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Home arrow Education arrow Education Policy and Power-Sharing in Post-Conflict Societies: Lebanon, Northern Ireland, and Macedonia

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Compromises (1958-1974)

The 1958 war can be best interpreted as the breakdown of a rigid corporate consociational political system, inadequate ‘to channel political and socio-economic changes’.70 In particular, the war embodied the emergence of a Sunni challenge to the political predominance of the Maronite community and ‘ownership’ of the executive Presidency.71 Rather than settling the ambiguities at the heart of Lebanon’s nation-state building project, the 1958 civil war institutionalised the ‘sanctity of the [National] Pact’.72 In its aftermath, President Fouad Chehab embarked on extensive reforms and called for the ‘building of a new society’.73 He encouraged the fine-tuning of Lebanese political and non-political institutions to ensure equilibrium among the different sects: his ‘object was not the creation of a secular state, but to ensure that all communities got their share of the cake’.74

This approach permeated education policy. Some had seen the 1958 civil war as proof that the state had failed in furthering social cohesion through education.75 After 1958, the government set out to expand schooling and partly succeeded in reducing regional disparities over the following decade. State schools increased from 184 in 1941 to 1487 in 1980: the majority were located in the South, the Bekaa and the North, and over 60 % of state school students were Muslim.76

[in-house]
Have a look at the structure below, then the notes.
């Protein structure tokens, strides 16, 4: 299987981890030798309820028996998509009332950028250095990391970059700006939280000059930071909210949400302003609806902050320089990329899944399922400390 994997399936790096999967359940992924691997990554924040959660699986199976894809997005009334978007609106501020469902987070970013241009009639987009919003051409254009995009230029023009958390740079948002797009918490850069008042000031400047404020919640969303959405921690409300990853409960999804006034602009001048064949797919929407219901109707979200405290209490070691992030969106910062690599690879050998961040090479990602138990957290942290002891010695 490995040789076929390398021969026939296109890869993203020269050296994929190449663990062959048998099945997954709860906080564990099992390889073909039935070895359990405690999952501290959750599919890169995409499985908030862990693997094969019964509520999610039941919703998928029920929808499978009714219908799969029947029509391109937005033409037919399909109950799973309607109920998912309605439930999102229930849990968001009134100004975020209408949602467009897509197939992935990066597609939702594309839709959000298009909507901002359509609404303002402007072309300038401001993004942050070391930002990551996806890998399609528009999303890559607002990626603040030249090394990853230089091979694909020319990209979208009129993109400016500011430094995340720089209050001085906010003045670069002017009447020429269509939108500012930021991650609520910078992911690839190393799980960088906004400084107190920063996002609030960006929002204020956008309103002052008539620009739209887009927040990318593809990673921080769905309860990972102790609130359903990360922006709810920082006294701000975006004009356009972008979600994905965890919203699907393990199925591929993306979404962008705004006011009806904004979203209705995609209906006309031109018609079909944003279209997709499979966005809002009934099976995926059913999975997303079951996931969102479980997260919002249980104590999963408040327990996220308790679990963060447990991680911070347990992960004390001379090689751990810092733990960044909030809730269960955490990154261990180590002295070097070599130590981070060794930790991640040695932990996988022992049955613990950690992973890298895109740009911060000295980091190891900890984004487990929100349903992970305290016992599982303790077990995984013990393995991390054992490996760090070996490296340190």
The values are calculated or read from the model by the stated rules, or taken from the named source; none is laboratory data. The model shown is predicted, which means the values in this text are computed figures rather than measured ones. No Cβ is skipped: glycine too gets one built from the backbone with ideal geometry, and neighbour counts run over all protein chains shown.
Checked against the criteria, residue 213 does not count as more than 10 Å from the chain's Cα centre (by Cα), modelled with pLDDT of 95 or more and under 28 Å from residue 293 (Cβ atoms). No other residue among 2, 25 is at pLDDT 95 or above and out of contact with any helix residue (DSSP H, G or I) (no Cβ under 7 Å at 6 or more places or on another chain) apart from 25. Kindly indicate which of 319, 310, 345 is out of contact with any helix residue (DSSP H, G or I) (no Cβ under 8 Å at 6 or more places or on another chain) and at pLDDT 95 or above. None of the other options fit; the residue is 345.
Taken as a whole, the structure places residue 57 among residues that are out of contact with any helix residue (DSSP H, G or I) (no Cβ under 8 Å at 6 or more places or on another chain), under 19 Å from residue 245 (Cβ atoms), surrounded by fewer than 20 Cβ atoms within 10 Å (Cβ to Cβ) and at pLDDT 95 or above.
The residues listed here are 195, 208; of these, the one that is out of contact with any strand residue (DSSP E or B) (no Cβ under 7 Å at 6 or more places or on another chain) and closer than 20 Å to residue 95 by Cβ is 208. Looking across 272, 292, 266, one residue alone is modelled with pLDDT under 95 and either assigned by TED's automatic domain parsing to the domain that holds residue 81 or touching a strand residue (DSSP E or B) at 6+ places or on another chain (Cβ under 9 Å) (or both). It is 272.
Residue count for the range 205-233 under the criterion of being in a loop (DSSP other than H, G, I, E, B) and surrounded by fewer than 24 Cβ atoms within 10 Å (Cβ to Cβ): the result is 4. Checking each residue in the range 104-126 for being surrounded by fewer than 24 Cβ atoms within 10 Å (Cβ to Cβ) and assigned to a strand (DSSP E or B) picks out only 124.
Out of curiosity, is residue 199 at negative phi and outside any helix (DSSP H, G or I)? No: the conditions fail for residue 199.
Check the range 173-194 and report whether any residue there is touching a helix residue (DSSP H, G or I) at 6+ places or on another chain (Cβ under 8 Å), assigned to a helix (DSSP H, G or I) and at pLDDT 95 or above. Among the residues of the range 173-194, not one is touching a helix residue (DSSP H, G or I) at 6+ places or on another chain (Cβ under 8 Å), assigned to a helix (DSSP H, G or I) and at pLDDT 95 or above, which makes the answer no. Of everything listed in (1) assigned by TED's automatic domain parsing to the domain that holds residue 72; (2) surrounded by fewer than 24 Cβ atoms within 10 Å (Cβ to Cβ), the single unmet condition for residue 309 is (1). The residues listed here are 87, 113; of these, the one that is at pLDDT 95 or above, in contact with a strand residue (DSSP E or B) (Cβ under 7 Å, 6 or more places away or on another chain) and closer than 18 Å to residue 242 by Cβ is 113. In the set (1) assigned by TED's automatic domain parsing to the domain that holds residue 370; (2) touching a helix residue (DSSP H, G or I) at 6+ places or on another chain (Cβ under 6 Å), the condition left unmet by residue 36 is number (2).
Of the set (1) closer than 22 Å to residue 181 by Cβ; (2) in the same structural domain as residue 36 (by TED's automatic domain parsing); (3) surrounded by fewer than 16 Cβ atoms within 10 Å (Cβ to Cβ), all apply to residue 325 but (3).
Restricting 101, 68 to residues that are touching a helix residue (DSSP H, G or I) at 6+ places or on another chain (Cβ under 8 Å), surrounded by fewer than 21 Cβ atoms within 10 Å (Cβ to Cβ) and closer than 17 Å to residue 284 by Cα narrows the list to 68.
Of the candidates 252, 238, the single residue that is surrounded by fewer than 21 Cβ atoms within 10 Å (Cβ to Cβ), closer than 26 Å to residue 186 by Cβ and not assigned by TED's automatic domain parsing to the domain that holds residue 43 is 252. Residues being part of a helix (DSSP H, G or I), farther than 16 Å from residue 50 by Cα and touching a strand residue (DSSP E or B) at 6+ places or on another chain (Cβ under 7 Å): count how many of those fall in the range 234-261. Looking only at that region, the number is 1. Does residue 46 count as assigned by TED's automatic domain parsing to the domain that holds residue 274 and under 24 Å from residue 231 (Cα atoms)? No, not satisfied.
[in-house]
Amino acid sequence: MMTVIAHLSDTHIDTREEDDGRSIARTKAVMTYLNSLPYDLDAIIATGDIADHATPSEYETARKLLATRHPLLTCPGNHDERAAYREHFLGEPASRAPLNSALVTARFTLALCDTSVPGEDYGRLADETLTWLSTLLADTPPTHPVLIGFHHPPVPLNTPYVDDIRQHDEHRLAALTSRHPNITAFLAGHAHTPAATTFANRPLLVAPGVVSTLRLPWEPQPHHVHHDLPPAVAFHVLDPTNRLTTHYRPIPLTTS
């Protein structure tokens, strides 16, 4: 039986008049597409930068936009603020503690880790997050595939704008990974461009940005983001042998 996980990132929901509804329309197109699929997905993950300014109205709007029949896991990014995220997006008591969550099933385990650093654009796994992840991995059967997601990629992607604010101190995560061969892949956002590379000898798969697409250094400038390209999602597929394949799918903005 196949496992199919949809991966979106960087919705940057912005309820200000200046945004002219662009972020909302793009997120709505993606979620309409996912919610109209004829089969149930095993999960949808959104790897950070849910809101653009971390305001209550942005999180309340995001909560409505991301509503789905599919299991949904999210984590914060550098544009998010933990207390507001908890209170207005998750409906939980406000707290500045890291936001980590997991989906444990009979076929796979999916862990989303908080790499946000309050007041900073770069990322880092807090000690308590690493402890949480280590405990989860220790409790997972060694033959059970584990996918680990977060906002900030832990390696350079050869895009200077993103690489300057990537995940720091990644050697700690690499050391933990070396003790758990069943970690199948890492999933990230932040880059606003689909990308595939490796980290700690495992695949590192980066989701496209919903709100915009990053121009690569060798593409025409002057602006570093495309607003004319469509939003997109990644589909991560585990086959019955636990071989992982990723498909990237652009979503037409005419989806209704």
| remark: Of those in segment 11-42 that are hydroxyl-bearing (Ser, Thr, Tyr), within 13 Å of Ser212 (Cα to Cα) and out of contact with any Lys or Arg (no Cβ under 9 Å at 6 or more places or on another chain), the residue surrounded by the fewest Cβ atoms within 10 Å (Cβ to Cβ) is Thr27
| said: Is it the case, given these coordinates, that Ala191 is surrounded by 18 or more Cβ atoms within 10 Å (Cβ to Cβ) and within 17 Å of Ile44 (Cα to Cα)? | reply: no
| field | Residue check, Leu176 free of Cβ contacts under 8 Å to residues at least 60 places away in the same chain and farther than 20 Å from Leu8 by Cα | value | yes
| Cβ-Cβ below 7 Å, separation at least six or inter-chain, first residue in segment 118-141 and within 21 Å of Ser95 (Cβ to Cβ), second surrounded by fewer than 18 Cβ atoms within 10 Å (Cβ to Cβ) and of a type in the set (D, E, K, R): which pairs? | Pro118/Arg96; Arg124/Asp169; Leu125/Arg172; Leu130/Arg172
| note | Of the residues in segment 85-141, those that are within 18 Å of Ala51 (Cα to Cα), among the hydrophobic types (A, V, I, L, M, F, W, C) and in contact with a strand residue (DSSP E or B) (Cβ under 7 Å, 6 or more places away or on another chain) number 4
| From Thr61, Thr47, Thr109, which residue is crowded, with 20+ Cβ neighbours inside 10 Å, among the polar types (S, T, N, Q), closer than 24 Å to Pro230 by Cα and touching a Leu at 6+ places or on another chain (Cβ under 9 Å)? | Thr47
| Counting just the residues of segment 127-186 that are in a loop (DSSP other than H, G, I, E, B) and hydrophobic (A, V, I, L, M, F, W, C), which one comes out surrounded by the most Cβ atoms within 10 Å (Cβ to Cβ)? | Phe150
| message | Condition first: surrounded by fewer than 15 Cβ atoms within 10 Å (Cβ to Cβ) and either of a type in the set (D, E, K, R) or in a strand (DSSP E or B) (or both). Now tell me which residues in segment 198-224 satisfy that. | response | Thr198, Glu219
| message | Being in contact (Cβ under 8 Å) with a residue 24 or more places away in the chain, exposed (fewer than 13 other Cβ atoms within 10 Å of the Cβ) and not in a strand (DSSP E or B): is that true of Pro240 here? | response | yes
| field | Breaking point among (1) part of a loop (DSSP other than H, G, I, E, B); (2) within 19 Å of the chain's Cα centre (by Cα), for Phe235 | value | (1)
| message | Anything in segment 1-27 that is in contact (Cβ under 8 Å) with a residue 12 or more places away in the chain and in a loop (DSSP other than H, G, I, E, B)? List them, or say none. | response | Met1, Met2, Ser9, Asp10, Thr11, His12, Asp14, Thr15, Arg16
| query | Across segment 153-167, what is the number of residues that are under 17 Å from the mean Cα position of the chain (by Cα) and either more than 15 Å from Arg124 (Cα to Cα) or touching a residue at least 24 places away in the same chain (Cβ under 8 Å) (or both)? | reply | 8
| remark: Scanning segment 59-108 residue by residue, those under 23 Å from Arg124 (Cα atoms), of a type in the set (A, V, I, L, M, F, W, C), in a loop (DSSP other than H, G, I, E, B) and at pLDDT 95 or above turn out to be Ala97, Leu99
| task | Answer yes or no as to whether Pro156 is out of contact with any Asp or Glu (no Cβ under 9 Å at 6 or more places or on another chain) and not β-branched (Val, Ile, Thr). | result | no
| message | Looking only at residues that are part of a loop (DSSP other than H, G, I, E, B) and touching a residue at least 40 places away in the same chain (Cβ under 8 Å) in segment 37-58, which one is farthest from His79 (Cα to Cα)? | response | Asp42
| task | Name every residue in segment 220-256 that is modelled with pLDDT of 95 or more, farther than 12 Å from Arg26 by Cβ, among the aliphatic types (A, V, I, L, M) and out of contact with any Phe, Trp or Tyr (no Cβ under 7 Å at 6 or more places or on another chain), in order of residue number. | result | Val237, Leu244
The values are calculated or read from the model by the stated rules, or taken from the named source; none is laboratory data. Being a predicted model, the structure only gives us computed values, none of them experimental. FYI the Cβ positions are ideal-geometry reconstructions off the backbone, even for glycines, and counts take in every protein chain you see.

Despite popular calls to improve the quality of state schools and increase government funding for public education, successive governments relied heavily on private schools to extend the reach of primary education.77 Private institutions expanded their educational provision and the number of Christian community schools increased from 451 in 1920 to 548 in 1977. The previously underdeveloped Muslim educational provision increased sevenfold over the same period, from 41 community schools in 1920 to 300 in 1977.78

Moreover, in 1959, the state transferred powers of inspection to the regional level and specified that, while state schools should be inspected, private schools would only be ‘supervised’.79 Private schools remained free to promote ‘their own divergent views of national identity and sense of civic loyalty’.80 Once again, the divergence in values and narratives was most apparent when looking at textbooks for the national subjects, particularly history. Christian primary schools largely used textbooks that glorified a pre-Arab Lebanese past, while the newly politically conscious Shia community produced The Enlightening History, which focused on the anti-colonial struggles of the ‘Arab nation’.81

Finally, the government revised the national curricula in 1968. In an attempt to sidestep the increasingly salient issue of Lebanese and Arab identities, the new curricula avoided references to the ‘Lebanese nation’, ‘Lebanese identity’ and other thorny social, political and civic issues.82 In the early 1970s, the state also eliminated exams for citizenship education and most schools stopped teaching it. In its place, the government introduced one hour per week of religious education in all schools in 1973: the new subject was taught by clergymen chosen by religious authorities but paid by the state.83